Kayole and Githurai; I hate you. You have soiled the good names of your neighbourhoods. Your names are now synonymous to brutal gender based violence that you have meted on women. And you have done all that in a span of a short time. Shame on you!
What are you saying Githurai?
Why are you raising your hand? Speak up, I cannot make what you are saying; you are barely audible.
Well, well, I understand that you are not as bad as tainted but those touts who sexually assaulted that woman have really tarnished your name. Worse still is the person who took that video clip and was generous enough to share it on social media forums. When it arrived there, we the Y generation did what we do best. We watched it and ensured that it became viral in a matter of hours.
We shared it on Facebook and Whatsapp. We tweeted, retweeted, re-retweeted and even youtubed it. We ensured that all our friends saw the brutality; the smelly immorality as we called it. We became the judges. We agreed that the action was uncouth, barbaric and uncultured. We grit our teeth in anger. We said that the Githurai incident was rotten and is a show of how men have gone so low on their morals. Under the video, we put big caption words like horrific and terrible so that we would appear to know how to express our emotions. After posting the video clip on Facebook, we ensured that it got as many likes as possible. It also had to attract numerous comments because we all wanted to show our solidarity against the vice. Solidarity for ever, solidarity for ever…. If any of your friends failed to like the video, you felt that they were haters. You were even inclined to think that they could be part of the GBV perpetrators.
We cursed and wondered whether these men have girlfriends, wives, daughters or even mothers. We wondered what the hell could have gotten into their minds. We said that the world is surely coming to an end. We plagiarized popular people’s quotes on the vice and posted that under the video so that we would look wise; sophisticated. Making the video viral in itself showed that we are techno savvy and are in line with the trending topics. That we are not outdated; that we are the YOLOs who know what is hitting the newslines. Well done for that!
What was never pointed out in those social media forums was how many men got sexually aroused by the clip. How many men watched and rewatched that clip till they had a bulge on their crotches. That was unmentionable. Even if you felt as though you were watching an erotic pornographic clip in seeing that Kayole woman being stripped or that Githurai woman being sexually assaulted, you never said that on social media. Who would dare say that anyway? You would not even think about pointing it out. No, you would appear guilty. You would look like a pervert yourself. So you hid under the social media guise of terrible and horrific. You dared not say more.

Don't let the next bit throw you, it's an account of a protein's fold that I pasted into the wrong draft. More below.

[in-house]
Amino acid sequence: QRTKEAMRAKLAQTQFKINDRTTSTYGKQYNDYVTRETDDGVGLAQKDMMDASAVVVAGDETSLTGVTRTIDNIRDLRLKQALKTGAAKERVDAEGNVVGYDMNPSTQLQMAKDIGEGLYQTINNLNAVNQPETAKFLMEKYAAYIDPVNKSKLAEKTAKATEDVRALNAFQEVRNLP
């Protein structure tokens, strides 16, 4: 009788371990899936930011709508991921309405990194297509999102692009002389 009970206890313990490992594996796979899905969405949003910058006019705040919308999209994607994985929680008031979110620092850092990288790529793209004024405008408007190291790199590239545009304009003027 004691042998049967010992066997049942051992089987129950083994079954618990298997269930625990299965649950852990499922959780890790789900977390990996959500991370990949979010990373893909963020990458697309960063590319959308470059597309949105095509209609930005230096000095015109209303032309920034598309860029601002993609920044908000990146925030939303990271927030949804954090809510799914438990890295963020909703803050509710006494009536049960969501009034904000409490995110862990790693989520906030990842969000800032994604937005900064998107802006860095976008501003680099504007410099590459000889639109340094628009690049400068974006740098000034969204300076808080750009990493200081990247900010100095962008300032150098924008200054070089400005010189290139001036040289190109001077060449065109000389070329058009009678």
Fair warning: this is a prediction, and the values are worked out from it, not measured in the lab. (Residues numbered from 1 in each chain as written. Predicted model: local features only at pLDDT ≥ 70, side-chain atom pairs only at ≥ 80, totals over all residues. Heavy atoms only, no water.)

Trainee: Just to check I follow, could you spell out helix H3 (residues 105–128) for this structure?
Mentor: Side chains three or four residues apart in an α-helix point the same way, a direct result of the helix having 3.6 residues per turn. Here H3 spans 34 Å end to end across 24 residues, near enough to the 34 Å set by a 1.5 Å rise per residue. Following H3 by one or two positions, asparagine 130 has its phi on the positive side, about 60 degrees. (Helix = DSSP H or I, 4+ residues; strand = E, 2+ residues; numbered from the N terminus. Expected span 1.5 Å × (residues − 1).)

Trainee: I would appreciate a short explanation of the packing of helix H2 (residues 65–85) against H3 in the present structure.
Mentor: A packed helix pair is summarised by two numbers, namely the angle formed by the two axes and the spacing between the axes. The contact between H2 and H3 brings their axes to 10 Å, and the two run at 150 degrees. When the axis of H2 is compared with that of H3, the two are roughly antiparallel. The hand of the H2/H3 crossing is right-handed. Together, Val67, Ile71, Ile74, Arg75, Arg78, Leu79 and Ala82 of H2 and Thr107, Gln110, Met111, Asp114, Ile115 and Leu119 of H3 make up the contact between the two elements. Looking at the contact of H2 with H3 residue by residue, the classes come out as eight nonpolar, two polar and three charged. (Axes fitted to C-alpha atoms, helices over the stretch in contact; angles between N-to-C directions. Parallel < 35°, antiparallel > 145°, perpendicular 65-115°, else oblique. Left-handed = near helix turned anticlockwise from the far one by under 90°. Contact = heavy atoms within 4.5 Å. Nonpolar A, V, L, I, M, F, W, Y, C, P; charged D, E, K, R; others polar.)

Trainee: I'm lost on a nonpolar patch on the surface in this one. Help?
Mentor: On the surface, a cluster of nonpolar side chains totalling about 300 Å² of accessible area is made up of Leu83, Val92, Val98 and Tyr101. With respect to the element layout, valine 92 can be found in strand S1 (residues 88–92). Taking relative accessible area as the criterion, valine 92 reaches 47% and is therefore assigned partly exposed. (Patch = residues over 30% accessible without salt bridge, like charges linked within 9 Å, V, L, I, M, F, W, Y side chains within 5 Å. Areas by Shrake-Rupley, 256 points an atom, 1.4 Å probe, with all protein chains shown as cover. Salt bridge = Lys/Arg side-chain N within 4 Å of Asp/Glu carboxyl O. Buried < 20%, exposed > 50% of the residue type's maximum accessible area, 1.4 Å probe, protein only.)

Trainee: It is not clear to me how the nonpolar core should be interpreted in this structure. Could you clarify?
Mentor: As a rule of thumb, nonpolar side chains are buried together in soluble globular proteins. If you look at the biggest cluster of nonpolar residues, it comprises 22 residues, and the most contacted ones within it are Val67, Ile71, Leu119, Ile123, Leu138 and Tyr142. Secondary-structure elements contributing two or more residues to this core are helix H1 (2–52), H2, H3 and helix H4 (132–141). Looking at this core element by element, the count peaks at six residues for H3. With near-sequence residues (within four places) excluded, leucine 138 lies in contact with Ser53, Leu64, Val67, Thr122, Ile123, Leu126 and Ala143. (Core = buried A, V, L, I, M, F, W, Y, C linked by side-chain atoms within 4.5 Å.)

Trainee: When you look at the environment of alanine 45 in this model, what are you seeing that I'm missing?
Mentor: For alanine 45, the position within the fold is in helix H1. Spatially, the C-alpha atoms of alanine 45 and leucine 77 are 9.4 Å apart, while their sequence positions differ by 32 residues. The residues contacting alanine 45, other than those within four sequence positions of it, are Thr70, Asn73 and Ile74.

But we didn't at any one point pause to think the trauma that this woman had gone through and what she would go through. Sexual assault is one of those actions that violates an individual’s personal dignity. It is like tearing a piece of paper into tiny bits; even if you glue it together or stitch up and iron it, the paper will never be the same again. Sexual assault causes indelible scars that fail to heal. One becomes bitter and withdrawn hating the offender with a passion. The worst part about it all is that we are not helping in sharing these GBV videos. No, we are only escalating the stigmatization. We are profiling the victims more. The affected women may take time before they face the world and even when they finally appear in public places, they will always feel as though people are pointing fingers at them saying, “ That is the woman who was stripped in Kayole’ or “That is the woman who was sexually assaulted in Githurai.”